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Hartnett: Yankees Spark Plug Brett Gardner Deserves His Due

'Old-School' Gardner Has Been Yankees' Most Valuable Everyday Player
Brett Gardner follows through on his ninth-inning game-winning home run against the Detroit Tigers at Yankee Stadium on August 11, 2013. (Photo by Jim McIsaac/Getty Images)

Brett Gardner follows through on his ninth-inning game-winning home run against the Detroit Tigers at Yankee Stadium on August 11, 2013. (Photo by Jim McIsaac/Getty Images)

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‘Hart of the Order’
By Sean Hartnett
» More Columns

It’s time that Brett Gardner gets his proper due. He’s no longer a complementary piece in the Yankees’ lineup. 2013 has shown that Gardner is indeed a very valuable Yankee.

On Sunday, Gardner bailed out a snakebitten Mariano Rivera after the legendary closer blew a third straight save opportunity. Gardner’s ninth-inning walk-off homer exploded off his bat and into the right-field stands.

Stunned losing pitcher Jose Veras and the rest of the Detroit Tigers slowly walked off the Yankee Stadium diamond in disbelief. Gardner has had their number all series, as he stole two wins from the American League Central-leading Tigers.

It was almost as if Gardner pressed a magic repeat button. He saved Rivera’s blushes on Friday by delivering a seeing-eye walk-off single off Al Alburquerque in the 10th inning that halted New York’s four-game losing streak.

“Mo’s bailed us out a few times,” Gardner said. “It didn’t matter if it was me or somebody else, we just needed to get a win today and I’m glad we made it happen.”

The Yankees have a mountain to climb. Even with Sunday’s 5-4 win, they’re seven games behind the Oakland Athletics and Tampa Bay Rays in the Wild Card hunt.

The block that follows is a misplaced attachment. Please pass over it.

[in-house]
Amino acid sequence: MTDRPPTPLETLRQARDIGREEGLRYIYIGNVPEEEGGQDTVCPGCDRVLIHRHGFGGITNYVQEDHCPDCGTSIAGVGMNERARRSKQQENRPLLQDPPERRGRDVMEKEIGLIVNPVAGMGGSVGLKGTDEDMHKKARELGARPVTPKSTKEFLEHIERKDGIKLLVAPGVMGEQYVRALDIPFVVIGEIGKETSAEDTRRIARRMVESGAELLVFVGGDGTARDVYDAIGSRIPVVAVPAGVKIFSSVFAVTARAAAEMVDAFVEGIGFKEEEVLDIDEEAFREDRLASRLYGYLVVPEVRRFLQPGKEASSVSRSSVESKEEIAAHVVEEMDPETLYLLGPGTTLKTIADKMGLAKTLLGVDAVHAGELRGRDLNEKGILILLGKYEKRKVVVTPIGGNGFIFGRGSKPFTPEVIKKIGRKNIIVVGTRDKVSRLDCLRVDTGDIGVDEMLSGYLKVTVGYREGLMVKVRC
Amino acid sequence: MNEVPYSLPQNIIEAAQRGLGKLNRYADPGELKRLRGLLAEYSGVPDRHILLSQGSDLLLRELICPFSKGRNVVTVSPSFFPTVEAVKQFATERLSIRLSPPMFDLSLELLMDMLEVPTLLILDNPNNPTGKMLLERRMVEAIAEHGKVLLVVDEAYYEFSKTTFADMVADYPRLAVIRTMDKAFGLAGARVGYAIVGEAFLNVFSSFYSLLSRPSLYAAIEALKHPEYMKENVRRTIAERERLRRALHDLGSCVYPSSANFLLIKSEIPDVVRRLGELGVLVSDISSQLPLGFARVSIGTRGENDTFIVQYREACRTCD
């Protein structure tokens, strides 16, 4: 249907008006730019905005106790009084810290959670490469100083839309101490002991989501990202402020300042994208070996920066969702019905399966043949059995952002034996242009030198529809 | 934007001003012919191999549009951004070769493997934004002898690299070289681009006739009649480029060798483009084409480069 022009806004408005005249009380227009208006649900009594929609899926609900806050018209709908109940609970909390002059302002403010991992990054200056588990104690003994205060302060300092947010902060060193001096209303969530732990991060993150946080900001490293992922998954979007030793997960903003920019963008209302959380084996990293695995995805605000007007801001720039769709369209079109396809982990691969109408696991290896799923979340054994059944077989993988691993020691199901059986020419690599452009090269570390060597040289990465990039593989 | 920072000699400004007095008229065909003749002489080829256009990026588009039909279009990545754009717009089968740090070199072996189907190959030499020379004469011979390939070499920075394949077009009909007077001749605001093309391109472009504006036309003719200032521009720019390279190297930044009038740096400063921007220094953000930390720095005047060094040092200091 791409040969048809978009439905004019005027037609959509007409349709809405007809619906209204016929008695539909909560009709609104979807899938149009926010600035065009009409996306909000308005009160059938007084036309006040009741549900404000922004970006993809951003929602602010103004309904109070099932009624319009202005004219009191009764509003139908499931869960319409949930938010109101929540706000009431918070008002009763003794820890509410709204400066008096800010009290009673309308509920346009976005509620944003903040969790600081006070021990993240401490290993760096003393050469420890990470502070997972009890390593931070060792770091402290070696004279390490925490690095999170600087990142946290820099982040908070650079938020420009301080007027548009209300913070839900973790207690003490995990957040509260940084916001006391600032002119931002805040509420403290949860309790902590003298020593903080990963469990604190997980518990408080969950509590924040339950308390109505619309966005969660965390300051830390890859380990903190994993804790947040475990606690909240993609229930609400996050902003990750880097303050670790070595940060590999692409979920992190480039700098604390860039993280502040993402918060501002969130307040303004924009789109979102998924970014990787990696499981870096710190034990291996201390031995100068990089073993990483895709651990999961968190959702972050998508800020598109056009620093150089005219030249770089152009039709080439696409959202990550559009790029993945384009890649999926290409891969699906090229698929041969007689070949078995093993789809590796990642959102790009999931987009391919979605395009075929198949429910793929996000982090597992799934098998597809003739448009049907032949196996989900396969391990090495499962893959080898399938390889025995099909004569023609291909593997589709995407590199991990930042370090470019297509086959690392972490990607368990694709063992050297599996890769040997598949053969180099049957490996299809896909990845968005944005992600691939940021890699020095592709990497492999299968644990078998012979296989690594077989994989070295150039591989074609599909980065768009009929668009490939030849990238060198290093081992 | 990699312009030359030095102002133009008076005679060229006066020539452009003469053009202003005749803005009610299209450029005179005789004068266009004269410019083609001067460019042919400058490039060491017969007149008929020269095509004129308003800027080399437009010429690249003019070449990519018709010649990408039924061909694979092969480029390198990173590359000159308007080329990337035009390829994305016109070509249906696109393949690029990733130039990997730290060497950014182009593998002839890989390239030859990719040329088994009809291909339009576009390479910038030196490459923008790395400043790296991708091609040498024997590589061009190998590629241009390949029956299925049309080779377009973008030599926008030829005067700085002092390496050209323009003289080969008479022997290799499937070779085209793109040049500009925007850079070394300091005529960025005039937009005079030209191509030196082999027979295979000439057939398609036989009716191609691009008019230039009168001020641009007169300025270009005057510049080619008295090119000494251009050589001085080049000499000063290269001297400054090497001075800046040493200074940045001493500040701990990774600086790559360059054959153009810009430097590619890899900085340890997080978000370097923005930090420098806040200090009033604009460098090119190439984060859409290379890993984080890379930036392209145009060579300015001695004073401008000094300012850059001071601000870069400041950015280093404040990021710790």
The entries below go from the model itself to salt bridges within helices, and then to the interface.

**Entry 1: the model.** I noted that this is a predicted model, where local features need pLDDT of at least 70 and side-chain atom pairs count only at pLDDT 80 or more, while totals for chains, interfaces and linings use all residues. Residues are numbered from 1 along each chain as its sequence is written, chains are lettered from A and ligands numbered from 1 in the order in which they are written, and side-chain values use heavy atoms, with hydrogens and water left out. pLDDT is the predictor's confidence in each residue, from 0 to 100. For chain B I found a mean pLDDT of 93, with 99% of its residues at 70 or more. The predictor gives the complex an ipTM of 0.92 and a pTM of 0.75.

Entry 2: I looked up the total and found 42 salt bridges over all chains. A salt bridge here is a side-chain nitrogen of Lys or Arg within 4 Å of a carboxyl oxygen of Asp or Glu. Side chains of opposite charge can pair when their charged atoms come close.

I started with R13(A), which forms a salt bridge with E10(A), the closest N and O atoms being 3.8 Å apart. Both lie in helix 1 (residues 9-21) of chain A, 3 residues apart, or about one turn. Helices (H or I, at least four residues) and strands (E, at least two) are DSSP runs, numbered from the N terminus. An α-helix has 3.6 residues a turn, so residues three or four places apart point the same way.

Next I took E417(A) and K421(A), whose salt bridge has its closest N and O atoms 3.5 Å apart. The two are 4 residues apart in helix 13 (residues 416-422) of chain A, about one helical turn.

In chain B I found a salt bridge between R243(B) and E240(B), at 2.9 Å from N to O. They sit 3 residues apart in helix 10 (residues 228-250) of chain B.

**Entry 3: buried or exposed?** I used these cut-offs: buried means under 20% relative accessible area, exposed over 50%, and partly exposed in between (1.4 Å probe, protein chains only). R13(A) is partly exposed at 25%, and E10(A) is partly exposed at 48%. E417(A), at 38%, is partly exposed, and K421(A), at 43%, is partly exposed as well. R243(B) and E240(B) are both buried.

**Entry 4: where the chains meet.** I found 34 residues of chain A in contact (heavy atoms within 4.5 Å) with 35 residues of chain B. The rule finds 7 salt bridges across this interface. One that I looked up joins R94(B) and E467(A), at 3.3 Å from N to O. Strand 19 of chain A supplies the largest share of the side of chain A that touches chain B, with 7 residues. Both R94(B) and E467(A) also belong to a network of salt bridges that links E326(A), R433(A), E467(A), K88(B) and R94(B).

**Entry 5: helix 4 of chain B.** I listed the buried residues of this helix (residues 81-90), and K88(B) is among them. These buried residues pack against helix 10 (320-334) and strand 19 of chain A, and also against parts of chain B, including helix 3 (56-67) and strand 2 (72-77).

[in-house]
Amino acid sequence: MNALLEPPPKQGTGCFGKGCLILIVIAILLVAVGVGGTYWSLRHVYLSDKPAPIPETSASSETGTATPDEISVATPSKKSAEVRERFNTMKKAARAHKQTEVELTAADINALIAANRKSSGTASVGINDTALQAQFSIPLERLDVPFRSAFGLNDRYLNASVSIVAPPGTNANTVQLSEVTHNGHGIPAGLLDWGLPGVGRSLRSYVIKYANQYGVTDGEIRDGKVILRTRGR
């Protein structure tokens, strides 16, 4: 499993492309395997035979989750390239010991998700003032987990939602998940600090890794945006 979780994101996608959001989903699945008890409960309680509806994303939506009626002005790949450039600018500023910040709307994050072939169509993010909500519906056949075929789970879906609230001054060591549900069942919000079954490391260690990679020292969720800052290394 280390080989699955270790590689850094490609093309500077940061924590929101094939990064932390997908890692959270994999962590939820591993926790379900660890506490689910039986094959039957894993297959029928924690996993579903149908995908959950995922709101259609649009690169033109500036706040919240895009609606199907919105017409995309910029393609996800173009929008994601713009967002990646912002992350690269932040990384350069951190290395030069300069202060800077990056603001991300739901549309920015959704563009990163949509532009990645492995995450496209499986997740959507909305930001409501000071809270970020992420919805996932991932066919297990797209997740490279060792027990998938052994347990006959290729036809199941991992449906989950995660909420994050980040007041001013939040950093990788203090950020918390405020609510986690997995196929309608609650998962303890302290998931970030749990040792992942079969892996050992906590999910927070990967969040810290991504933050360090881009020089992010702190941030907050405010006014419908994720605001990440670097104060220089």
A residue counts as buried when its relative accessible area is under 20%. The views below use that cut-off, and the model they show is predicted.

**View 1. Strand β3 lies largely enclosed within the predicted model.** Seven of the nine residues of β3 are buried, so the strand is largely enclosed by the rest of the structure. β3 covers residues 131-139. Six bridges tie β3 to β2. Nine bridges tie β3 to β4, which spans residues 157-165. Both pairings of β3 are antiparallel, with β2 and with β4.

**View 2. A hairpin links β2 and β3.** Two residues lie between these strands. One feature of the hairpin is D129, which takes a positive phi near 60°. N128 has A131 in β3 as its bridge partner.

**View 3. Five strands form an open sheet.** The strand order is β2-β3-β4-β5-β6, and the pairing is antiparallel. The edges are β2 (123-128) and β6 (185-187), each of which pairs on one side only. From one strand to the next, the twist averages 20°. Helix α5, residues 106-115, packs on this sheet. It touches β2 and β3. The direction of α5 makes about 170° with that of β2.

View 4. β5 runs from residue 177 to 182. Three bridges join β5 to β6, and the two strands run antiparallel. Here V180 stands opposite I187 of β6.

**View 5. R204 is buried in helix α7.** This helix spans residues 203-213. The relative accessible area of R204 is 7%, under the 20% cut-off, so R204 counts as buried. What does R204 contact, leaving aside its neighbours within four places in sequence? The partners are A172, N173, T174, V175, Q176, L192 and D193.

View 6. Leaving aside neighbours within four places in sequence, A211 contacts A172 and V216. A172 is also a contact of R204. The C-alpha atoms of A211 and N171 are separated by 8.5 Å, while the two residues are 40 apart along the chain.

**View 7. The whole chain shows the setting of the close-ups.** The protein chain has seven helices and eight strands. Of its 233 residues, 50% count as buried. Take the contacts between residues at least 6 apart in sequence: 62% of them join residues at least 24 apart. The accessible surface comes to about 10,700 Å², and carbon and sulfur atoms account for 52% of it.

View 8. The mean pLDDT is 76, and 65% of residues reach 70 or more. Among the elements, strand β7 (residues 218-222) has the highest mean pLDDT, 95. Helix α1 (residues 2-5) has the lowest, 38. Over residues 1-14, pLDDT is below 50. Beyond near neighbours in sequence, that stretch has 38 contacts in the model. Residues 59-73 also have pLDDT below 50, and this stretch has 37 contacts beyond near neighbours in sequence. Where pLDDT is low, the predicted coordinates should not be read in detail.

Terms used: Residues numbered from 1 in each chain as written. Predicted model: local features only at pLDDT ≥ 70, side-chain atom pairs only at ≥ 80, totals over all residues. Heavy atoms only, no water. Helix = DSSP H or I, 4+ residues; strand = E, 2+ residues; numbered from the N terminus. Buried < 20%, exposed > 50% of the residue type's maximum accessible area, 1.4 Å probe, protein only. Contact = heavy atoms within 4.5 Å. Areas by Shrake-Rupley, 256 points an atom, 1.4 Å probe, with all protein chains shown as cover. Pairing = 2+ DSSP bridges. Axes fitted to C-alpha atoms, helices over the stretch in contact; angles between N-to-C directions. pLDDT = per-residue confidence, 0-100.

With only 46 games remaining in the regular season, every game is crucial for the Bombers. The Yankees can go one of two ways. They can fold up like an accordion and fall below .500, or catch fire and push hard for a Wild Card berth.

There have been very few constants the Yankees’ injury-ravaged 2013 campaign. Hiroki Kuroda has been by far the most consistent starter and most valuable Yankee. Outside of Kuroda’s dependable brilliance, the rotation has been a complete mess. David Robertson and Boone Logan have formed a reliable bullpen alliance, though wheels might be starting to fall off the mighty Rivera.

Robinson Cano has been a shadow of himself in his “walk year.” Cano is drawing a lot more walks, though his numbers are dipping in August. A .212 average through nine August games has seen his average plummet to .287.

Derek Jeter has only seen the field for five games, while Alex Rodriguez is an enormous question mark despite the homer he launched off Tigers ace Justin Verlander on Sunday.

Out of everyday players, Gardner has been the Yankees’ MVP in an unusual season.

GARDY BRINGING ‘OLD-SCHOOL’ HUSTLE

Gardner’s style of play is reminiscent of former Yankees outfielder Johnny Damon. While Gardner does not possess the pop of Damon, he does play every game with the reckless abandon and gritty edge that made Damon popular during his four-year stay in the Bronx.

He’ll knowingly run into a wall to make a catch as we saw on Sunday, when he robbed Torii Hunter in the bottom of the 8th. His outstanding range, athleticism and toughness makes Gardner one of the elite center fielders in all of baseball.

Another thing that makes Gardner unique is his ability to work pitchers. He rarely wastes a swing. Gardner has remarkably made contact with 89.4 percent of his swings over his career.

All of these attributes paired together with his lightning speed make Gardner one of the most efficient players in the majors. He’s doing a lot of heavy lifting for the injury-plagued Yankees. Perhaps he’ll inspire the Bombers to an improbable playoff push.

Follow Sean on Twitter @HartnettHockey.

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